Family Dynamics

Case Closed is our new series that share stories about community members' adventures with advice on and off the app. Feel free to weigh in and let us know if you’d like to submit your own adventures.

 

THE SITUATION

My husband and I have been married for almost five years. His parents have long been divorced and his father has remarried. We try to avoid most situations that would bring them together as they do not have a very amicable relationship. However, last year we had our first child and I anticipate many events bringing us together from now on, the next one being my son’s first birthday party. I’m so afraid that my in-laws will not get along and cause a scene and i don’t know what to do. My husband assures me that everything will be fine but I don’t want the day overshadowed by their relationship. Do I bring it up again to my husband? Talk to the in-laws separately? Or just hope that everything will be okay?

THE ADVICE

My Sister:

Is unmarried and has yet to have to deal with family dynamics beyond our own. She has seen some of the tension between me and my mother-in-law but doesn’t know what to do. She suggested “standing up to her and putting her in her place” forcefully.

Friend:

“In-laws are terrible! Good luck” She really didn’t give me any sound advice other than cowering and avoiding the in-laws at all costs, which didn’t help with my overall worry.

Soother#1: 

This is the first of many episodes in which your in-laws will be in the same place at the same time and not be the center of attention. They need to understand the parameters; if they aren’t OK with them, they can opt out. It’s not your responsibility to manage their adult drama. Don’t rely on your husband’s reassurance alone. Men don’t always see or more importantly, feel the nuances that women do. It would likely give you peace of mind if you write a short, but sweet note explaining your anxiety and hope that they can keep it together. Make sure it comes from your husband’s email account but is from both of you. Point out what worst and best case scenario look like for you, so they really understand what you’re talking about and don’t create any unnecessary tension. Send the note to each separately and make sure they know that if they’re not OK with it, you will arrange for one of them to come the next day.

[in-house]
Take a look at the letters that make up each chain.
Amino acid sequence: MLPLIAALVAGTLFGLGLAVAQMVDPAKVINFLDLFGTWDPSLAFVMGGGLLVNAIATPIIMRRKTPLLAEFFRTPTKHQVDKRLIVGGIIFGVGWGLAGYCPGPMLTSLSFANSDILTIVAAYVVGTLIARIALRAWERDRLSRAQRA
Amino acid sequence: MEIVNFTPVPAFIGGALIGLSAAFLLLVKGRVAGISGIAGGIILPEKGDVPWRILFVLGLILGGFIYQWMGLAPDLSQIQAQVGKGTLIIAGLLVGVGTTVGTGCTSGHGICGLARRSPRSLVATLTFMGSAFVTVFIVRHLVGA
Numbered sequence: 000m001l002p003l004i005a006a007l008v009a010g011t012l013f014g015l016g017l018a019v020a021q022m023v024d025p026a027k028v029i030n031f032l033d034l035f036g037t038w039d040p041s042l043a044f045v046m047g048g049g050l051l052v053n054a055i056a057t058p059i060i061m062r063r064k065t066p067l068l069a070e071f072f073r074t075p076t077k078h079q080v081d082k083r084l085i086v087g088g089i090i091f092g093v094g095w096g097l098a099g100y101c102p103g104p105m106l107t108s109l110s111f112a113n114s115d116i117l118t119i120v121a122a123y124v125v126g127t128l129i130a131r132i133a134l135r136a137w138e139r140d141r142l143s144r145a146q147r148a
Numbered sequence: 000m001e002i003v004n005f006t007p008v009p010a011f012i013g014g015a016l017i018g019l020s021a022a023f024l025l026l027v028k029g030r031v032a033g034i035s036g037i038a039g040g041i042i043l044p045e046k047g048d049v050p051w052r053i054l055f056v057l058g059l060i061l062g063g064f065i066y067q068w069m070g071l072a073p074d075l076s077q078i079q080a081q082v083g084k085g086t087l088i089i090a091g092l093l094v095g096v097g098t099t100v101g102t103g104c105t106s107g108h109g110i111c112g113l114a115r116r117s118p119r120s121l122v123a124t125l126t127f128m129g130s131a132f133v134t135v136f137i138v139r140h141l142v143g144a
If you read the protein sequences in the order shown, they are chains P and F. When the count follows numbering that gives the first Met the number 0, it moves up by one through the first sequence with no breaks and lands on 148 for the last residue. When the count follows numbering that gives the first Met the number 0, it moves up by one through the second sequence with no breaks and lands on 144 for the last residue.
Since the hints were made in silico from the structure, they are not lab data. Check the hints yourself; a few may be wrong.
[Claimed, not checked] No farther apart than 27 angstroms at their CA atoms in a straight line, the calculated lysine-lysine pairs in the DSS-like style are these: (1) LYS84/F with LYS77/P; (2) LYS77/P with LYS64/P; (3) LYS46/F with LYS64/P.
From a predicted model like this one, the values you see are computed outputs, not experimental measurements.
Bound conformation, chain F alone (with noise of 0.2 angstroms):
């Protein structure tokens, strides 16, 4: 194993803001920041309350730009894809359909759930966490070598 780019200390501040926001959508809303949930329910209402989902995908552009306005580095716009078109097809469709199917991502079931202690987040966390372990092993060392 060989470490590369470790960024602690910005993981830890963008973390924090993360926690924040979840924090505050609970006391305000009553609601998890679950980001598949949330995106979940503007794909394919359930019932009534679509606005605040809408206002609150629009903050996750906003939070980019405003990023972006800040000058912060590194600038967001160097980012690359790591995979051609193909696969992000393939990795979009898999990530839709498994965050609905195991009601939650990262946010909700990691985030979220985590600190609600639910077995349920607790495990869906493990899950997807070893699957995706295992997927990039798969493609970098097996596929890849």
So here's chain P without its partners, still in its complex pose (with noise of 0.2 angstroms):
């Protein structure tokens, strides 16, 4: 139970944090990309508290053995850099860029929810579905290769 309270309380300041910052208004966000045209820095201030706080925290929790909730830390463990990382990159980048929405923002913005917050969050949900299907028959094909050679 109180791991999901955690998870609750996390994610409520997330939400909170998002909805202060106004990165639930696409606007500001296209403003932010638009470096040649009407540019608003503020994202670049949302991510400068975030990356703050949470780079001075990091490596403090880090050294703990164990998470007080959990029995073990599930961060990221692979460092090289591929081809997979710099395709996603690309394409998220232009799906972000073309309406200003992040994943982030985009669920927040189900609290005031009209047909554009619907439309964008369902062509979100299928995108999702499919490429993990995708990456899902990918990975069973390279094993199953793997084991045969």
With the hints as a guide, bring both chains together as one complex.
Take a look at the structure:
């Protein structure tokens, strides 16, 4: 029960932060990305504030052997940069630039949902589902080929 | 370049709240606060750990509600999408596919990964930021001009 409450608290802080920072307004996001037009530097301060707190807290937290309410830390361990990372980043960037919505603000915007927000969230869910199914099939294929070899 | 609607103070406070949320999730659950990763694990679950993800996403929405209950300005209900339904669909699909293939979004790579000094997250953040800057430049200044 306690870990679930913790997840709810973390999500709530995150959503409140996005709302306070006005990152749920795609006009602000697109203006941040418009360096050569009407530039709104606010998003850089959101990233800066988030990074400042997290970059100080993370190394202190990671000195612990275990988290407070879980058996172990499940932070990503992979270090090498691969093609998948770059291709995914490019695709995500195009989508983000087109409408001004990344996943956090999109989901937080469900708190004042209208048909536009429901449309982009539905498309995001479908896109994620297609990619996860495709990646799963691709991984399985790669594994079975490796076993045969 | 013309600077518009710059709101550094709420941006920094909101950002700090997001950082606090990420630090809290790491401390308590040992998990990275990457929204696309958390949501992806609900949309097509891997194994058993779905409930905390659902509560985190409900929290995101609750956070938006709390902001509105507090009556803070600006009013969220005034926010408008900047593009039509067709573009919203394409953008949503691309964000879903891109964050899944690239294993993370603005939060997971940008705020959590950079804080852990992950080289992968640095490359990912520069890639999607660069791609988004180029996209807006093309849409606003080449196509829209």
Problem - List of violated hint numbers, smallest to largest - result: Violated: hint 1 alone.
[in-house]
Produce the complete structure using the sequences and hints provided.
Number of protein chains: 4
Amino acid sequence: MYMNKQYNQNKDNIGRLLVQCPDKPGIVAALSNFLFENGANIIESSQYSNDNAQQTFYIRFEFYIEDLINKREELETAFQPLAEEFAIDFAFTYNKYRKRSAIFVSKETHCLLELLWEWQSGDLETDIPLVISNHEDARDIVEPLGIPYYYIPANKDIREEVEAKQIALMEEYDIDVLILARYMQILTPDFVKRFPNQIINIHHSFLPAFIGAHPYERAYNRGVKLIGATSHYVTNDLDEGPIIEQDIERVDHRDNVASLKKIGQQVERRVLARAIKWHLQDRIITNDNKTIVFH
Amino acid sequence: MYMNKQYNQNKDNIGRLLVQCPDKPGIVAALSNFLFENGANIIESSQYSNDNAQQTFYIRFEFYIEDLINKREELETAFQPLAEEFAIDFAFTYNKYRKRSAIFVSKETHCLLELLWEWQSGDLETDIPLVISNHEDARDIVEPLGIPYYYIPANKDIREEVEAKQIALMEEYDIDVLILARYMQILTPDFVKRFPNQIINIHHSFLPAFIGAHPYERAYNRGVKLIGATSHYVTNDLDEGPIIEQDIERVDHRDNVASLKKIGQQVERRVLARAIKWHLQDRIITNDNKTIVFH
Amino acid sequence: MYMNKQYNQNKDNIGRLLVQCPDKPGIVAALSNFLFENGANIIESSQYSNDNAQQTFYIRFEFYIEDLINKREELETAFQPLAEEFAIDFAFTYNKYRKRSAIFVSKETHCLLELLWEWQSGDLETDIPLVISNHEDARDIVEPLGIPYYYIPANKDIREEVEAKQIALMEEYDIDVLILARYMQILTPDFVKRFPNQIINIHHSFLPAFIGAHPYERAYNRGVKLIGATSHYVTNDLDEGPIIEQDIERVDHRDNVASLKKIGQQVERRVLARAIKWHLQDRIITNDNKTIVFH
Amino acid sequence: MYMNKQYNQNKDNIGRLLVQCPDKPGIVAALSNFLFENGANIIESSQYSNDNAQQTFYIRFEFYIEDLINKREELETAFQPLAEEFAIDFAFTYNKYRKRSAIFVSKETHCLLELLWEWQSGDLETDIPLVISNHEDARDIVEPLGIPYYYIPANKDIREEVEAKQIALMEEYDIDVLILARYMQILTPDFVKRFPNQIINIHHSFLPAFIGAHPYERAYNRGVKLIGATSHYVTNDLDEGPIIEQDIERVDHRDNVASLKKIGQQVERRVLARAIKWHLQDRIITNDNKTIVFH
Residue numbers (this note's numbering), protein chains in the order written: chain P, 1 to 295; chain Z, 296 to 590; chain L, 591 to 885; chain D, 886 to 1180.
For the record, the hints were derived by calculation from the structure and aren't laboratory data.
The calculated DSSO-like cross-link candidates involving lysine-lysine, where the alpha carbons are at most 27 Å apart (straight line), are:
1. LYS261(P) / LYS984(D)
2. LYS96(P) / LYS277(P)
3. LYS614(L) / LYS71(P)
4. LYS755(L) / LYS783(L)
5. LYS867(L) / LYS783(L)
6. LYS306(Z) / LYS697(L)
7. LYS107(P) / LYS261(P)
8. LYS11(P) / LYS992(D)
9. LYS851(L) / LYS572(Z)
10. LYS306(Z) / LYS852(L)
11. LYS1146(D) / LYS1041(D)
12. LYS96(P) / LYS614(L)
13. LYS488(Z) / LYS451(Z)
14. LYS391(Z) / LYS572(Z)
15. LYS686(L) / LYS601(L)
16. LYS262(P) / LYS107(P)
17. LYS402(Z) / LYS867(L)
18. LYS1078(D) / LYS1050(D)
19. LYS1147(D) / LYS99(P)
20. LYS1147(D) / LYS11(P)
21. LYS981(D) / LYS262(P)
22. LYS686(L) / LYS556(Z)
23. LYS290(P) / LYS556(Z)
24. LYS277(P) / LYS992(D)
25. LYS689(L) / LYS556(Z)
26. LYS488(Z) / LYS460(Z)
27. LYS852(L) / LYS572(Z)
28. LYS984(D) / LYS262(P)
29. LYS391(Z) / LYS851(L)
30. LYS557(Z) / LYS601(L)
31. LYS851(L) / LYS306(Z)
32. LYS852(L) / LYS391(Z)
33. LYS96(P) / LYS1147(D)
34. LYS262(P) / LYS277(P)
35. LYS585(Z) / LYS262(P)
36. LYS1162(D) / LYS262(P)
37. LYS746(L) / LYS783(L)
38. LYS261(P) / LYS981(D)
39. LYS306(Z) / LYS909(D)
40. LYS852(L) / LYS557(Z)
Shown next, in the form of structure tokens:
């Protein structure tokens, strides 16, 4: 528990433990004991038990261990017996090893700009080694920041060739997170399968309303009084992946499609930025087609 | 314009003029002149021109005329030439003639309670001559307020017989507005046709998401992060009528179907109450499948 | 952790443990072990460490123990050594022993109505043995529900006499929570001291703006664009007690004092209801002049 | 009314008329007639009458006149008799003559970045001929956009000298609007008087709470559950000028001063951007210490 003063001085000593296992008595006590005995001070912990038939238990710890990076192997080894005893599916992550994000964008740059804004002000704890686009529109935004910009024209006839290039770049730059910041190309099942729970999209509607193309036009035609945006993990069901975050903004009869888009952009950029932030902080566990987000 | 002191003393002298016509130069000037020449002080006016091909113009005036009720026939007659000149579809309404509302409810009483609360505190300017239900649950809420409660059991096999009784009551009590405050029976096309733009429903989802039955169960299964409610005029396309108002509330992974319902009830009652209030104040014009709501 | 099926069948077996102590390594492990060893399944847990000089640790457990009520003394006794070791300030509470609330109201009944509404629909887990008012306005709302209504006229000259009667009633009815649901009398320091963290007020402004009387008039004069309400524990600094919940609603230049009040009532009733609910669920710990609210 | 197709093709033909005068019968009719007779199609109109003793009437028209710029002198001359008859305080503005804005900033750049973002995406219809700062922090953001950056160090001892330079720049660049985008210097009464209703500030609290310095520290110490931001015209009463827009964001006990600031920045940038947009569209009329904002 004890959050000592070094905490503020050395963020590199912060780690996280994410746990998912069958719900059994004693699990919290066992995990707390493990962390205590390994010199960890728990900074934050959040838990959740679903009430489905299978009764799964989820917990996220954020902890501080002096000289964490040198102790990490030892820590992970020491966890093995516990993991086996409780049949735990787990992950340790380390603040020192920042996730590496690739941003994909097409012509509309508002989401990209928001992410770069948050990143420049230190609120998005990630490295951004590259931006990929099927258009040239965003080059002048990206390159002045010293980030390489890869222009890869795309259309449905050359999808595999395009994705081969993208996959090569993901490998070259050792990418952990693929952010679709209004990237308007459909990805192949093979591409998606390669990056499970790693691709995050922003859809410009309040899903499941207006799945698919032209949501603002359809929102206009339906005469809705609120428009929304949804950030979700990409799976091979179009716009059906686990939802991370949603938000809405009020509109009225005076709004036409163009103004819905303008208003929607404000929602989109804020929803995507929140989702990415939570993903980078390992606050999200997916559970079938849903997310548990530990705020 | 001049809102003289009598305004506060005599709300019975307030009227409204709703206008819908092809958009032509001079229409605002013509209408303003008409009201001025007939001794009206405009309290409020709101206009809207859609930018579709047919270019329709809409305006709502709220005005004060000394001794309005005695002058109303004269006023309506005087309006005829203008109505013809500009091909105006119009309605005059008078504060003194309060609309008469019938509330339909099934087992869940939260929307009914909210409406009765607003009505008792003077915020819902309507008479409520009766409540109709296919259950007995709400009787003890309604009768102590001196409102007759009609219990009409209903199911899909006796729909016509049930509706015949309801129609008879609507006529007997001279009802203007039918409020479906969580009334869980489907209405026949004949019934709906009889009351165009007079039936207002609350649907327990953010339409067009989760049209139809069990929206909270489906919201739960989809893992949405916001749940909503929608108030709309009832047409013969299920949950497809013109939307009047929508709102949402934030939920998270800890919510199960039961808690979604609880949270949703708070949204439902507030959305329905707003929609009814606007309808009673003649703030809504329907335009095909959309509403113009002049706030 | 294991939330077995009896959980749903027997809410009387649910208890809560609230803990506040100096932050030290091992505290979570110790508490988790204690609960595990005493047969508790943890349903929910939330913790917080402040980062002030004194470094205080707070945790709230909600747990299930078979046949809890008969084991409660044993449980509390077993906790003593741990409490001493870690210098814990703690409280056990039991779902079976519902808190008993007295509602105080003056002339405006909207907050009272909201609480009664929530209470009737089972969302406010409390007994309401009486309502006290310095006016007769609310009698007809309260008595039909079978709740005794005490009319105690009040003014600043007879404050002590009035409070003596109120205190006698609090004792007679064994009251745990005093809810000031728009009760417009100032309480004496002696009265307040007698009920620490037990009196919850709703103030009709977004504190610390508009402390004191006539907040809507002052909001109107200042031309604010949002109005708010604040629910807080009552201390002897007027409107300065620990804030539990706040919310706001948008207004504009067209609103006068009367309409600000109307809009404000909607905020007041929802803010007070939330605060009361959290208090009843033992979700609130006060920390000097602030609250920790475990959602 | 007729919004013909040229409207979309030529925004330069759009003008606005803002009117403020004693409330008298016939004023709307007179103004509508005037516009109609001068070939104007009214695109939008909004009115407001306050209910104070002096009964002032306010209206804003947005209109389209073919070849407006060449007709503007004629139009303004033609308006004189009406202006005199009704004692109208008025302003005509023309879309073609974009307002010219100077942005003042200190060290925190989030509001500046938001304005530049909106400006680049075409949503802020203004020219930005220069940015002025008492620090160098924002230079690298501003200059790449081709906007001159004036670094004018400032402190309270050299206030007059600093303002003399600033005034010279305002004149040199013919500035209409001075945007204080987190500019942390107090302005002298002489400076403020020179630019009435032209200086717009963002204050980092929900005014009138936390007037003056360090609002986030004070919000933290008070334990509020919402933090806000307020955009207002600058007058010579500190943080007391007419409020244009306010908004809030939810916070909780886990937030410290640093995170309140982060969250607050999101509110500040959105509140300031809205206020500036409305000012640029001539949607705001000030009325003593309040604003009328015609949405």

Soother #2:

My in-laws are infamous for acting like children as grandparents. Don’t trust them not to take center stage, at a 1st birthday party no less, when it’s all about the adults, given the age of the kids who will likely attend, if any. Make sure alcohol doesn’t play a role too! You should have direct conversations with each of them and don’t let them get away with pretending it won’t be an issue; it will be! And the scene will be distracting and embarrassing and lead to bad memories of what should be a happy day. First, figure out exactly what you want to happen and the most obvious ways in which it could go badly. Then, with that skeleton plan in your mind, talk to them. Give them the option of not coming, ask them about their comfort level, and gauge how they would like to see it all go down. Don’t rest on hope for this one. Confront it while you can.  

 

In-laws are tricky, how would you respond to this situation? What advice would you share?